As you know, I like to talk about idioms on this blog. A carefully chosen idiom can convey a lot in a few lines of code. Today I realized there’s an idiom I commonly use in my code that I haven’t really talked about before.
Typically, in Ruby, when we want to put a line of text to the console, we do it with
puts "Hello, world!"
Now, there’s nothing wrong with this. It works just fine.
But for a while now, in place of using
puts, I’ve been using
guys "Hello, world!"
I feel like this adds a familiar, conversational style to my code.
And the great thing is, in Ruby this works perfectly! The Ruby interpreter is smart enough to understand that “guys” is a neutral, nonspecific way of addressing everyone in the room, just like
Well, I should say it usually works. On certain builds of MRI, you may see an error like this one:
NoMethodError: undefined method `guys' for main:Object
Now, on the face of it this may look like Ruby can’t figure out what you mean by
guys. But don’t be misled. Ruby understands what you mean perfectly well. This is really just a way for MRI to signal that it’s part of a politically correct clique of SJW programming language VMs.
If you get this error, be persistent. Remember, it’s the interpreter’s job to understand you.
But if you keep at it and you still get the error, that’s OK. There’s an easy fix. You just need to remind Ruby of the correct definition of
module Kernel def guys(*args) puts(*args) end end
All better. No more need to worry about Ruby taking exception to your choice of words.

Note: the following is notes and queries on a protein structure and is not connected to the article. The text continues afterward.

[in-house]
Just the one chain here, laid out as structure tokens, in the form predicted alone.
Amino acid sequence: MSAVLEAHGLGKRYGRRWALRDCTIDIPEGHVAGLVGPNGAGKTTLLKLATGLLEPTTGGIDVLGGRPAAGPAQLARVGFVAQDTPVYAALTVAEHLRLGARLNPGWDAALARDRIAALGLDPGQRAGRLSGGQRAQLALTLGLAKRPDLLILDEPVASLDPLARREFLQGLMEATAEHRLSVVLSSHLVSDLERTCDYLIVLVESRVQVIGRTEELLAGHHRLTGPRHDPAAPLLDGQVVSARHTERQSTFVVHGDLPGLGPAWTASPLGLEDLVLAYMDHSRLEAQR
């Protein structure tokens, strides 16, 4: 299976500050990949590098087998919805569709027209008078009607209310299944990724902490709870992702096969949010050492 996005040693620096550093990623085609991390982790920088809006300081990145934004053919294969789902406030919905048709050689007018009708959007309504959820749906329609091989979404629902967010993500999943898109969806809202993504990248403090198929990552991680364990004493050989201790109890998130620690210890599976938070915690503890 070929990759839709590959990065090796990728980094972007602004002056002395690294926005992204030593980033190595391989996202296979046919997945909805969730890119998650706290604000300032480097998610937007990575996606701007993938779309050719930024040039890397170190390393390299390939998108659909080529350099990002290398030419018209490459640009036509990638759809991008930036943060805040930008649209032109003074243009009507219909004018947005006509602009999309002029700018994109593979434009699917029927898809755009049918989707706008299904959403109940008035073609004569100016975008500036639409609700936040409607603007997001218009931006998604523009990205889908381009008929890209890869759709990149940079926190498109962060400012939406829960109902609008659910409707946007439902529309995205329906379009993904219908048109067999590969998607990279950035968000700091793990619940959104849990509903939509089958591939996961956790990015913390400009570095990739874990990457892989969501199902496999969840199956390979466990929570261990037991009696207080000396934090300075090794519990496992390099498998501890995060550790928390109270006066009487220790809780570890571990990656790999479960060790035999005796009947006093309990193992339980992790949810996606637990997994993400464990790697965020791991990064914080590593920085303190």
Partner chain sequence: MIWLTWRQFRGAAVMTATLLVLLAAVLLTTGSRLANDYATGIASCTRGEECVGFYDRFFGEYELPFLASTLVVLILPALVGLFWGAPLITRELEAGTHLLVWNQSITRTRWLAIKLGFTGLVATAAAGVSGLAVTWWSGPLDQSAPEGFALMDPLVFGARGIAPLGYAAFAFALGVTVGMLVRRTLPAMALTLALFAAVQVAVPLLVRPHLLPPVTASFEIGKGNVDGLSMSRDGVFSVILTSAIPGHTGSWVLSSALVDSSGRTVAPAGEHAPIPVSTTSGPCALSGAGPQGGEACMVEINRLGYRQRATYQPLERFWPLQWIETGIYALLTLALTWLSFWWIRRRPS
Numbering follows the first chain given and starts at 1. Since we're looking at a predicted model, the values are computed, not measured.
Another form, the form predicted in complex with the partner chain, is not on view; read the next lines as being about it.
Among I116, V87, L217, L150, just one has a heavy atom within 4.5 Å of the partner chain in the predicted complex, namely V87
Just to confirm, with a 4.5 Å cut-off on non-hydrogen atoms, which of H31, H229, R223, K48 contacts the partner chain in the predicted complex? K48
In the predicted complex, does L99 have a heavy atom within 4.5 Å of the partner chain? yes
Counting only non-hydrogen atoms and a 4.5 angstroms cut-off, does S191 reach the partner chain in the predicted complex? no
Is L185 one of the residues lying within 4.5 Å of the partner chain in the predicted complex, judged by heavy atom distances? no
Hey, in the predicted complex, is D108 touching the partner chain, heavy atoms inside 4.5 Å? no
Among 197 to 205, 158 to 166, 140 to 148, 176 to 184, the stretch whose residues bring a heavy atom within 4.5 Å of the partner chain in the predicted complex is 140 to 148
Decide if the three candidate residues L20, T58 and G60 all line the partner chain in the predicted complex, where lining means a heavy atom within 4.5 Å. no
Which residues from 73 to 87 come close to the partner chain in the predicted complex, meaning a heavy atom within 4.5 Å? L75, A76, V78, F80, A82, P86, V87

Wanna know something even cooler? You can do this in real life, too!
The only thing that’s different is the keyword you need to use. Instead of
def, you can use “well actually“. Like this:
Well actually, “guys” is a gender-neutral term in our language and has no connotations of traditionally male-only contexts whatsoever.
That’s all there is to it! If you just read that sentence, you now have a brand-new, correct definition of the word “guys” installed in your head. If you ever felt vaguely excluded by the term in the past, you don’t have to worry about that feeling ever again.
Author’s note: Because Poe’s Law is unfortunately alive and well, it is possible that some readers will not realize that this is a work of parody from beginning to end. “Guys” is gendered language, and as such can feel exclusionary. As one commenter on Twitter put it, how many women do you see going in the “guys’ bathroom”?
It is a source of ongoing bafflement to me that programmers who will happily learn a half a dozen different programming syntaxes will vehemently balk at changing their use of one little word in order to help women feel more welcomed to the field.